About killings with impunity
The United States of America, speaking through its Deputy Chief of Mission in Nigeria, Mr. David Young, could not be more right to lament recently, the widespread killings, insecurity, violence, in Nigeria, and even more importantly, the lack of severe and effective measures against the perpetrators.He appropriately noted the critical importance of cracking down on the criminality and ensuring that law enforcement agencies really focus on issues of impunity.
“It is very important that criminals and others are not able to get away with this kind of impunity and violence.”The American representative has said nothing really new. Countless citizens, high and low, have complained in similar terms. It is noteworthy, however, that this concern is expressed by the most powerful and most influential nation in the world. Perhaps now, the Muhammadu Buhari-led government of Nigeria will take more seriously an issue that is threatening the cohesion and even survival of the country. But, just perhaps.
For, despite many verbal and written promises, open expressions of commitment to the security of Nigerians, and huge sums appropriated in local and foreign currencies to keep Nigeria and its people safe, this government has very little to show for so much.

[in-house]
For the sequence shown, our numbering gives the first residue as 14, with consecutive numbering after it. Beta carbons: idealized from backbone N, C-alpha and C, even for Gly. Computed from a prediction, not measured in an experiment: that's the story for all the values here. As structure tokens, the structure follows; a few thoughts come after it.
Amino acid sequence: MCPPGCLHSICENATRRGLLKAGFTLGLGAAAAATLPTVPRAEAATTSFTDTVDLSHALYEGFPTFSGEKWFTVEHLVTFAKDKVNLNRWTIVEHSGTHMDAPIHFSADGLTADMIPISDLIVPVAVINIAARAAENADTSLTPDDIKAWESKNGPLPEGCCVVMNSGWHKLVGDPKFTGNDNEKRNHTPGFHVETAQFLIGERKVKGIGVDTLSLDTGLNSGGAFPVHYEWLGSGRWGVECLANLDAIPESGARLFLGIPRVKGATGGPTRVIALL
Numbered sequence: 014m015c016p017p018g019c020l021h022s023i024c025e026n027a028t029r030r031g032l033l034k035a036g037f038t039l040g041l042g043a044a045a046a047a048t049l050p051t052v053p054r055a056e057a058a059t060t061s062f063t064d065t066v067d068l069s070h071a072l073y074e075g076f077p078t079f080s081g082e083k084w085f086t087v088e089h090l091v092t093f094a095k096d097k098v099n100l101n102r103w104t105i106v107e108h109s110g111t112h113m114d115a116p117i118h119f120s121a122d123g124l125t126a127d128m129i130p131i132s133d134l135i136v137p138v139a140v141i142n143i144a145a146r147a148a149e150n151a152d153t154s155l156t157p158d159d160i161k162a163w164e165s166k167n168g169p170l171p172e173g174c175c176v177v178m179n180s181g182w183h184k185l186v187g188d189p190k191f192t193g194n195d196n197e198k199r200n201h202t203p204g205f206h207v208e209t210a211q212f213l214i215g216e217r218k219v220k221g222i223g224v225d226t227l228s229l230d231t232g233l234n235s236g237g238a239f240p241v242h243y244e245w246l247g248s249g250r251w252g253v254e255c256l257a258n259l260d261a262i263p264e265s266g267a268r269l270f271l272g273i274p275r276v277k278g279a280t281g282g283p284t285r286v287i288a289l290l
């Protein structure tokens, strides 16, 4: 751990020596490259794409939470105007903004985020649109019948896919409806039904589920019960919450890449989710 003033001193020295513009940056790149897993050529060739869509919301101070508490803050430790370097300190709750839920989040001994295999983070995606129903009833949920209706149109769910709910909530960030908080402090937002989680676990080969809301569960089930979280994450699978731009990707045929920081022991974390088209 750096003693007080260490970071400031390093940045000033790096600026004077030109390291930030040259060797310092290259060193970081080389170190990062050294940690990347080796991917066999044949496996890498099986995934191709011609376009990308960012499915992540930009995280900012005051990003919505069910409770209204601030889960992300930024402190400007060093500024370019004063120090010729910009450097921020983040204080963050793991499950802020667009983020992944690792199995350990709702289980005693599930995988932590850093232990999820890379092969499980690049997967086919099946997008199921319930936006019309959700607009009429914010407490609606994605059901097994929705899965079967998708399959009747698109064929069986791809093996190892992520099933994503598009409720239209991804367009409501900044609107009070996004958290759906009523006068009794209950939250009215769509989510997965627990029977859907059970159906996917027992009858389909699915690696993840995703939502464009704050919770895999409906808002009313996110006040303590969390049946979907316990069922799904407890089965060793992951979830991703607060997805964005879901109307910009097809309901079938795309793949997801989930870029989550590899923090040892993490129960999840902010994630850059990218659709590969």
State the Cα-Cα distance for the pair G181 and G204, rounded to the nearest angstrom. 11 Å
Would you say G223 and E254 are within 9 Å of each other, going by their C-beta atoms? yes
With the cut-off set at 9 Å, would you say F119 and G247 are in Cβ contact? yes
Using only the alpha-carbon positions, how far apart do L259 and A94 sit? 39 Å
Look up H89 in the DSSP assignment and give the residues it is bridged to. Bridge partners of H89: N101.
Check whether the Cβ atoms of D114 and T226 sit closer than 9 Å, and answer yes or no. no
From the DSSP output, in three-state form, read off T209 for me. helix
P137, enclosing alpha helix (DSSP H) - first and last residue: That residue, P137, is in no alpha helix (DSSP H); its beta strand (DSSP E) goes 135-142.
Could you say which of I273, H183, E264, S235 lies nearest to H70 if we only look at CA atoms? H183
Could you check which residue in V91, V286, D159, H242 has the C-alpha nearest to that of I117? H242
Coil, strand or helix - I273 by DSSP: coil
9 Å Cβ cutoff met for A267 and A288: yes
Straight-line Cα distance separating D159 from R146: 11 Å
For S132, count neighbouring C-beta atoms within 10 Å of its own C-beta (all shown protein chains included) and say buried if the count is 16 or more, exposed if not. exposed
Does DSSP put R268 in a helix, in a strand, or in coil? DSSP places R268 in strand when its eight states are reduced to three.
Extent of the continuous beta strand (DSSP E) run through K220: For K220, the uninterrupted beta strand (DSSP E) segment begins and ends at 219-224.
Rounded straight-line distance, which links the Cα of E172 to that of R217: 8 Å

Just when it appears that security forces are well engaged in containing and even putting to flight, the Boko Haram terrorists in the northeastern part of the country, herdsmen have seized the opportunity to visit mayhem and destruction upon the central and middle belt areas and even parts of southern Nigeria. Hardly a day passes without reports of villages sacked and surviving inhabitants rendered homeless and hopeless. Indeed, the International Crisis Group (ICG) has reported that herdsmen-farmers’ clashes have taken 1,300 lives in the first six months of this year. This is more than six times Boko Haram’s killings in the same period. With elections only months away, the ICG warned ominously that “violence related to grazing rights… threaten Buhari’s popularity in swing states as herders are mainly from the Fulani ethnic group, as is the president.” And this is an important and disheartening point that, much as Nigerians would wish did not arise at all, must nevertheless be interrogated.
Firstly, it is most strange indeed that the tenure of an administration headed by a Fulani, and one who had headed the umbrella body of herdsmen in Nigeria, would be so afflicted by his followers to the point of rendering his leadership capability questionable. Secondly, it is equally confounding that this president has not, or cannot, call the herdsmen to order with all the firmness needed. Why and how these are so, only Buhari can explain.